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Wizards Learn to Love 'Gilbertology'

Guard's Offbeat Ways Have Led Washington Into the NBA Playoffs

By Michael Lee
Washington Post Staff Writer
Sunday, April 24, 2005; Page A01

As confetti rained down from the rafters at MCI Center 11 days ago, when the Washington Wizards clinched the franchise's first playoff berth in eight years, Gilbert Arenas stood shirtless near center court after performing his postgame ritual of tossing his No. 0 jersey into the stands. He gazed upward, a huge smile on his face.

The fiercely competitive and often comedic Arenas had done what most thought was impossible: Through his leadership and work ethic, he helped bring the postseason to a moribund organization that even Michael Jordan -- considered by many to be the greatest to play the game of basketball -- couldn't rescue. And, at the ripe old age of 23, Arenas also shed the labels that have followed him throughout his National Basketball Association career -- a natural talent too immature, too erratic and too selfish to lead a team anywhere.

Wizards guard Gilbert Arenas makes it a point to do things his own way, including tossing his jersey into the stands after home games. (Jonathan Newton - The Washington Post)

_____From The Post_____
The Wizards learn to love Arenas's 'Gilbertology'.
Michael Wilbon: Time for some stops or the Wizards will be.
Team s play down season skirmishes and prepare for tough games.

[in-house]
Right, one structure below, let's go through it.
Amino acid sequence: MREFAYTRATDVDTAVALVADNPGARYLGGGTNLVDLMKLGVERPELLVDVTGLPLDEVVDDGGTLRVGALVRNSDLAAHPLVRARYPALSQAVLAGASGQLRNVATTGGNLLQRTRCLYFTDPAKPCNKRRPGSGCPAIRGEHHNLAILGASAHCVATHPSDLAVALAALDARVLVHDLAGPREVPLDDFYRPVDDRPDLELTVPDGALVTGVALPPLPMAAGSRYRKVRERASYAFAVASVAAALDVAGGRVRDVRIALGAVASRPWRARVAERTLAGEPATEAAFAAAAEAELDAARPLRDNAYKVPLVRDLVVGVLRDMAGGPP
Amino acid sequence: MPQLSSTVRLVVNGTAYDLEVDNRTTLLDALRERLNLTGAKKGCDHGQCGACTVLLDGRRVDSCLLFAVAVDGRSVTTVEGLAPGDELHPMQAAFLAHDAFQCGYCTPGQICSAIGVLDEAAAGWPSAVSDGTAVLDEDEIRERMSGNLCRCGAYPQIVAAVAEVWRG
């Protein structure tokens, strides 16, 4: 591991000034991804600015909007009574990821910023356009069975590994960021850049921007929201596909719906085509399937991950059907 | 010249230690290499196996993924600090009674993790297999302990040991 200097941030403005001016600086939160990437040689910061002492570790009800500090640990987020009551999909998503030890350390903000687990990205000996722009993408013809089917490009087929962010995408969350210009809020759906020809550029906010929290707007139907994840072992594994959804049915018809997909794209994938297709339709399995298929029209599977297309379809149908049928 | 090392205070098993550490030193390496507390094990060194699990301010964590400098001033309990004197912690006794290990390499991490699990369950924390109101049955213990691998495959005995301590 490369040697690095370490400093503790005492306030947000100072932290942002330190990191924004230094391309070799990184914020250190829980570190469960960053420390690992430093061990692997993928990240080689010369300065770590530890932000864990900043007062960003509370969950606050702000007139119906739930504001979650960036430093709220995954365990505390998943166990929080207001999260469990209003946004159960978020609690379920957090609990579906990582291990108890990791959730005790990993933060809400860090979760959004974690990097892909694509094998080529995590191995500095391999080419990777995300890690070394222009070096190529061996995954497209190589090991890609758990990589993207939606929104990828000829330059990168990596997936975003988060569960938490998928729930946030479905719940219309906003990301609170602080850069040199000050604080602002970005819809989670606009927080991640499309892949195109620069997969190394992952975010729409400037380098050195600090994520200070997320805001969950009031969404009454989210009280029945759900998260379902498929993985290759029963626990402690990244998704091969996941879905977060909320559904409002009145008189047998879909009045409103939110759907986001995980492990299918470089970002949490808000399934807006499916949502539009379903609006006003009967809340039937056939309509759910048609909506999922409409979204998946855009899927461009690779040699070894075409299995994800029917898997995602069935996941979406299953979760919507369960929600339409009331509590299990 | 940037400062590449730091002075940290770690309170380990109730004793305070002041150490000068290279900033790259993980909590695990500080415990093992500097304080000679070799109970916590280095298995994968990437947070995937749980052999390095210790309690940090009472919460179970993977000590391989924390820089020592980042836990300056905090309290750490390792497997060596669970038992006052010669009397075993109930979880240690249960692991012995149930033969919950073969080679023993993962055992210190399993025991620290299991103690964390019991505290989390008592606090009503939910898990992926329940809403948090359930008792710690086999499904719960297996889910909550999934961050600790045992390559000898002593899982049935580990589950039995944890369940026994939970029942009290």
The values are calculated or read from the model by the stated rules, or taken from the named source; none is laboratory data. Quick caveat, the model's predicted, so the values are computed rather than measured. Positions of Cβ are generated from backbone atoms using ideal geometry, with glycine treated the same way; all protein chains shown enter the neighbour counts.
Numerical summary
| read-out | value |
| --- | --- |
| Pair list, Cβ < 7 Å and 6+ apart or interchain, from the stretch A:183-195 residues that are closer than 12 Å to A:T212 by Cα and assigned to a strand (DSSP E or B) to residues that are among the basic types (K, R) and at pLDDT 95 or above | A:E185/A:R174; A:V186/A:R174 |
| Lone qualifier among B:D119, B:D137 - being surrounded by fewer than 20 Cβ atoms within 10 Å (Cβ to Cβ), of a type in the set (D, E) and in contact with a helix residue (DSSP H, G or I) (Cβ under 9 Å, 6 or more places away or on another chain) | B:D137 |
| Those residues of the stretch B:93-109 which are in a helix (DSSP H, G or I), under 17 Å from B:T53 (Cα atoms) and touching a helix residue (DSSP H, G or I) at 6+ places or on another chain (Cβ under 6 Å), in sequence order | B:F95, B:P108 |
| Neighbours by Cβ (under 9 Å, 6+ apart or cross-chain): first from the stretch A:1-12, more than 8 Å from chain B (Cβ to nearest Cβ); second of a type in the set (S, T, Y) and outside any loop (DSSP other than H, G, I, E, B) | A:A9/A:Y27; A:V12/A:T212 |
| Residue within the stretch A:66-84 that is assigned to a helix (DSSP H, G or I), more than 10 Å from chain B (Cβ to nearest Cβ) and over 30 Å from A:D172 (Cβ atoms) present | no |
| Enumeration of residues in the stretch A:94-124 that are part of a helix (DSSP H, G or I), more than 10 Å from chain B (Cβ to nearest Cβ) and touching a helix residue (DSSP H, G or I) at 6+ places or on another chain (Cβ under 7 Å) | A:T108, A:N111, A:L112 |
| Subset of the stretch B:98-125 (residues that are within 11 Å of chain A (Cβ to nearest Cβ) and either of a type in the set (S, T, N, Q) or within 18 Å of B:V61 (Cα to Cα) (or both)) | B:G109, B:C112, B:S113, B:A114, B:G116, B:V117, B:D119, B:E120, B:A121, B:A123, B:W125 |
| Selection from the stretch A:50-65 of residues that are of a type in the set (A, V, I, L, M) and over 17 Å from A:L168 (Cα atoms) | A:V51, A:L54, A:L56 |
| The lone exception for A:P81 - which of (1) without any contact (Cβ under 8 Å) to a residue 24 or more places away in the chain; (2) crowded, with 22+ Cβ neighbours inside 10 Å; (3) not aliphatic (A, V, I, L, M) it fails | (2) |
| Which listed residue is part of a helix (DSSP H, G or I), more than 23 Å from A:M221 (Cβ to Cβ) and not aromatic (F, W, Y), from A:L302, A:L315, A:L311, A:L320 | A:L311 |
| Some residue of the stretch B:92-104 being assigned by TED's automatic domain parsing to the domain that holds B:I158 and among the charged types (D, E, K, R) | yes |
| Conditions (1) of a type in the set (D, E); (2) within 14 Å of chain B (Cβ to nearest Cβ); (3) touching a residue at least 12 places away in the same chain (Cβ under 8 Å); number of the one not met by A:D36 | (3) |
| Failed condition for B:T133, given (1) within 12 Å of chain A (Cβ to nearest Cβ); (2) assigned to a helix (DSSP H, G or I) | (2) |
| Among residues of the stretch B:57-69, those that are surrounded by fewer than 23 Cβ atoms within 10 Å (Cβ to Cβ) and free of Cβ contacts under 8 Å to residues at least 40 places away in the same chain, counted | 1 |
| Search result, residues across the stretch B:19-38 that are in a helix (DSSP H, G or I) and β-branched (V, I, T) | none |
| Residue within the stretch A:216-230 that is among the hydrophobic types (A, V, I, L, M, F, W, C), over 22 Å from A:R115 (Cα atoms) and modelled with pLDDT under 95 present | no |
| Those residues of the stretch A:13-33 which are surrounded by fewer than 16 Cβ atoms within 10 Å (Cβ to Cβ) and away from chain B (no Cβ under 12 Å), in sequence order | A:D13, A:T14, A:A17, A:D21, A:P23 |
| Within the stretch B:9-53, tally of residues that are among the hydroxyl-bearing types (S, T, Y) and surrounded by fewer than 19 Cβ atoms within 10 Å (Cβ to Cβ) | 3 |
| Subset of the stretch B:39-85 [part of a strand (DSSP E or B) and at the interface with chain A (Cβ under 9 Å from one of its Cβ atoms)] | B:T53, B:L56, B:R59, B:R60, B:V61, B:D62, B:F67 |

Chicago's Bullish style grates on some teams.
Photos
_____First Round Schedule_____
No. 4 Bulls vs. No. 5 Wizards

Game 1: Bulls 104, Wizards 93
Apr. 27: at Chi., 8:30, NBATV/CSN
Apr. 30: Wash., 3, TNT/CSN
May 2: Wash., TBD, CSN
May 4: at Chi., TBD, CSN
May 6: Wash, TBD, CSN
May 8: at Chi., TBD, CSN
  • Bulls lead series, 1-0


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    "You can just see how much he's matured," said forward Antawn Jamison, who along with Arenas and Larry Hughes has given the Wizards the highest-scoring threesome in the NBA, averaging 67.1 points per game. "He's really amazed me."

    Arenas seemed an unlikely candidate to reverse the fortunes of the Wizards, who begin the playoffs tonight against the Bulls in Chicago at 5:30 p.m. Coach Eddie Jordan coined the phrase "Gilbertology" to describe his offbeat point guard. "He's not moving to the beat of a different drummer," Jordan said. "He's moving to a different beat."

    There's the shirt-throwing, of course -- something Arenas says he has done his whole career but which didn't attract much attention until this season. And wearing size-13 shoes on his size-14 1/2 feet because he's afraid of making his feet look too big. And the pregame superstitions such as always eating a meal from Boston Market, parking his car in the same spot, listening to the same music in the same order and tickling Jamison's armpit before the opening tip-off. Not to mention his habit of showing up at MCI Center for late-night workouts, rather than sleeping in and risking someone else outworking him.